Brexit will not impact businesses in a uniform manner. Certain industries are more likely to be impacted than others, for example, due to business models which rely on supply chains and customers located in the EU. Others may see indirect impacts, from knock-on delays in other industries and general economic impacts. These will not necessarily be negative impacts – some industries are likely to benefit from Brexit.

Audit teams may find it useful to consider whether there are industry or sector specific risks applicable to the entity. Questions to consider include (but are not limited to):

  • Does the industry rely on fast turnaround imports or exports, for example, those trading in perishable goods such as food or pharmaceuticals, or ‘trend’ items with rapid obsolescence, like clothing? Increased delays at ports could result in unsellable goods.
  • Does the industry rely solely on EU supply chains, or are alternative suppliers available domestically or internationally? Supply chains can impact many aspects of a business model, from bottlenecks in production to increased cost of sales should tariffs apply. This could particularly impact business operating on a just-in-time basis.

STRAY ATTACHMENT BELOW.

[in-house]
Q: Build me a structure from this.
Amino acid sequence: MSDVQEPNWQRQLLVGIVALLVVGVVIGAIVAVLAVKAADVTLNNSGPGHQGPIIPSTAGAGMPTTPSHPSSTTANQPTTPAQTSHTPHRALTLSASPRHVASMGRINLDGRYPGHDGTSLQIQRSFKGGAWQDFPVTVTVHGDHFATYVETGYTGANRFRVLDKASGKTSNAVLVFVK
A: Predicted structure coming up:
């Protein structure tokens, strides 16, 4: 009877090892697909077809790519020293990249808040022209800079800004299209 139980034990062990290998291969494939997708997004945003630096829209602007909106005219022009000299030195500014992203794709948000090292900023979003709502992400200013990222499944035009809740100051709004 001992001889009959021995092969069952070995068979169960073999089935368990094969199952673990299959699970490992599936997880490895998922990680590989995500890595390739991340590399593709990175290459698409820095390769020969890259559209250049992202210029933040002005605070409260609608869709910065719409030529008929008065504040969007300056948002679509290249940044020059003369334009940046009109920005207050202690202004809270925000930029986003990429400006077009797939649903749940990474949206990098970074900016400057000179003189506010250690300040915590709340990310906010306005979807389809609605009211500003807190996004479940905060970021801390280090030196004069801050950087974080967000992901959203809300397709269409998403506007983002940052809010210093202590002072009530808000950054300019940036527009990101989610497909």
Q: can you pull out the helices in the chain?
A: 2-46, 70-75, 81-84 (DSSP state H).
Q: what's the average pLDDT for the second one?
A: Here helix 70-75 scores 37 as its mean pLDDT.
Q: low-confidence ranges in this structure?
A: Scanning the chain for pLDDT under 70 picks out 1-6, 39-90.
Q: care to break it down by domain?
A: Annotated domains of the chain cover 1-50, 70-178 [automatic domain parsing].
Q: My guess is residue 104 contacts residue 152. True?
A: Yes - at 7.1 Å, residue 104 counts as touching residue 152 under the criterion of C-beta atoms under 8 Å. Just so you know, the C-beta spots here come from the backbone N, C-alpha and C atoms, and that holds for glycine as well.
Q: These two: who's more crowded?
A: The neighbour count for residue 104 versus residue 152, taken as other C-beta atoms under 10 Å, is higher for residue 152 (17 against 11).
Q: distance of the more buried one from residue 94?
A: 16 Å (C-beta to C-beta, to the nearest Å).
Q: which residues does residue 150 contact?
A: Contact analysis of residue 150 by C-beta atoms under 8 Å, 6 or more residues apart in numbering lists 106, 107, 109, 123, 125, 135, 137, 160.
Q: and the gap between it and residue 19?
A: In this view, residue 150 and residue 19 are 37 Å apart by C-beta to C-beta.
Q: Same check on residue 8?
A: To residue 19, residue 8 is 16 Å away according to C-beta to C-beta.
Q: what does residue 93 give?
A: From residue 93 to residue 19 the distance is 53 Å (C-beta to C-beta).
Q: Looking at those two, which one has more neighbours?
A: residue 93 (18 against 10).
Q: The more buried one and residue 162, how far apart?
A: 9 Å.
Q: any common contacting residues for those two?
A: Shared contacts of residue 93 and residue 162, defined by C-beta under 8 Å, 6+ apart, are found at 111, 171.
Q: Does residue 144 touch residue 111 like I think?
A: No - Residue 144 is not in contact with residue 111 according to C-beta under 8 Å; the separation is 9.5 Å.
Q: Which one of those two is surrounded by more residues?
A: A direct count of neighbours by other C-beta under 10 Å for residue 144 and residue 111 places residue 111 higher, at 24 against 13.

• Does the industry rely on access agreements or licenses from the EU to operate or sell within the EU, for example, passporting arrangements for banks or rights to operate airlines between the UK/EU? Entities may be required to establish local operations to continue to operate, or face closing local divisions, regardless of any future agreements.
  • Is the industry impacted by EU quotas, for example, fishing rights and aquaculture? Uncertainty arising from Brexit deal negotiations may make future planning difficult in these businesses.
  • How reliant on EU labour is the sector? Will replacement labour be able to access the necessary immigration rights or will the business need to recruit UK labour? The agriculture and health care services are particularly reliant on EU labour. The dual impact of Brexit and COVID-19 will need to be considered for health care businesses.
  • How reliant is the sector on tax, grant funding or other incentives from the EU? Some sectors, for example, biomedical research, rely significantly on EU tax incentives for research and development.
  • Is the industry dependent on general economic well-being? Industries such as hospitality, travel, entertainment and leisure tend to be impacted significantly by the general economy. Soft cultural influence may also factor into these industries, for example, if the UK is seen as an undesirable holiday destination for EU travellers. Combined with restrictions due to COVID-19, these types of businesses may face more significant risks.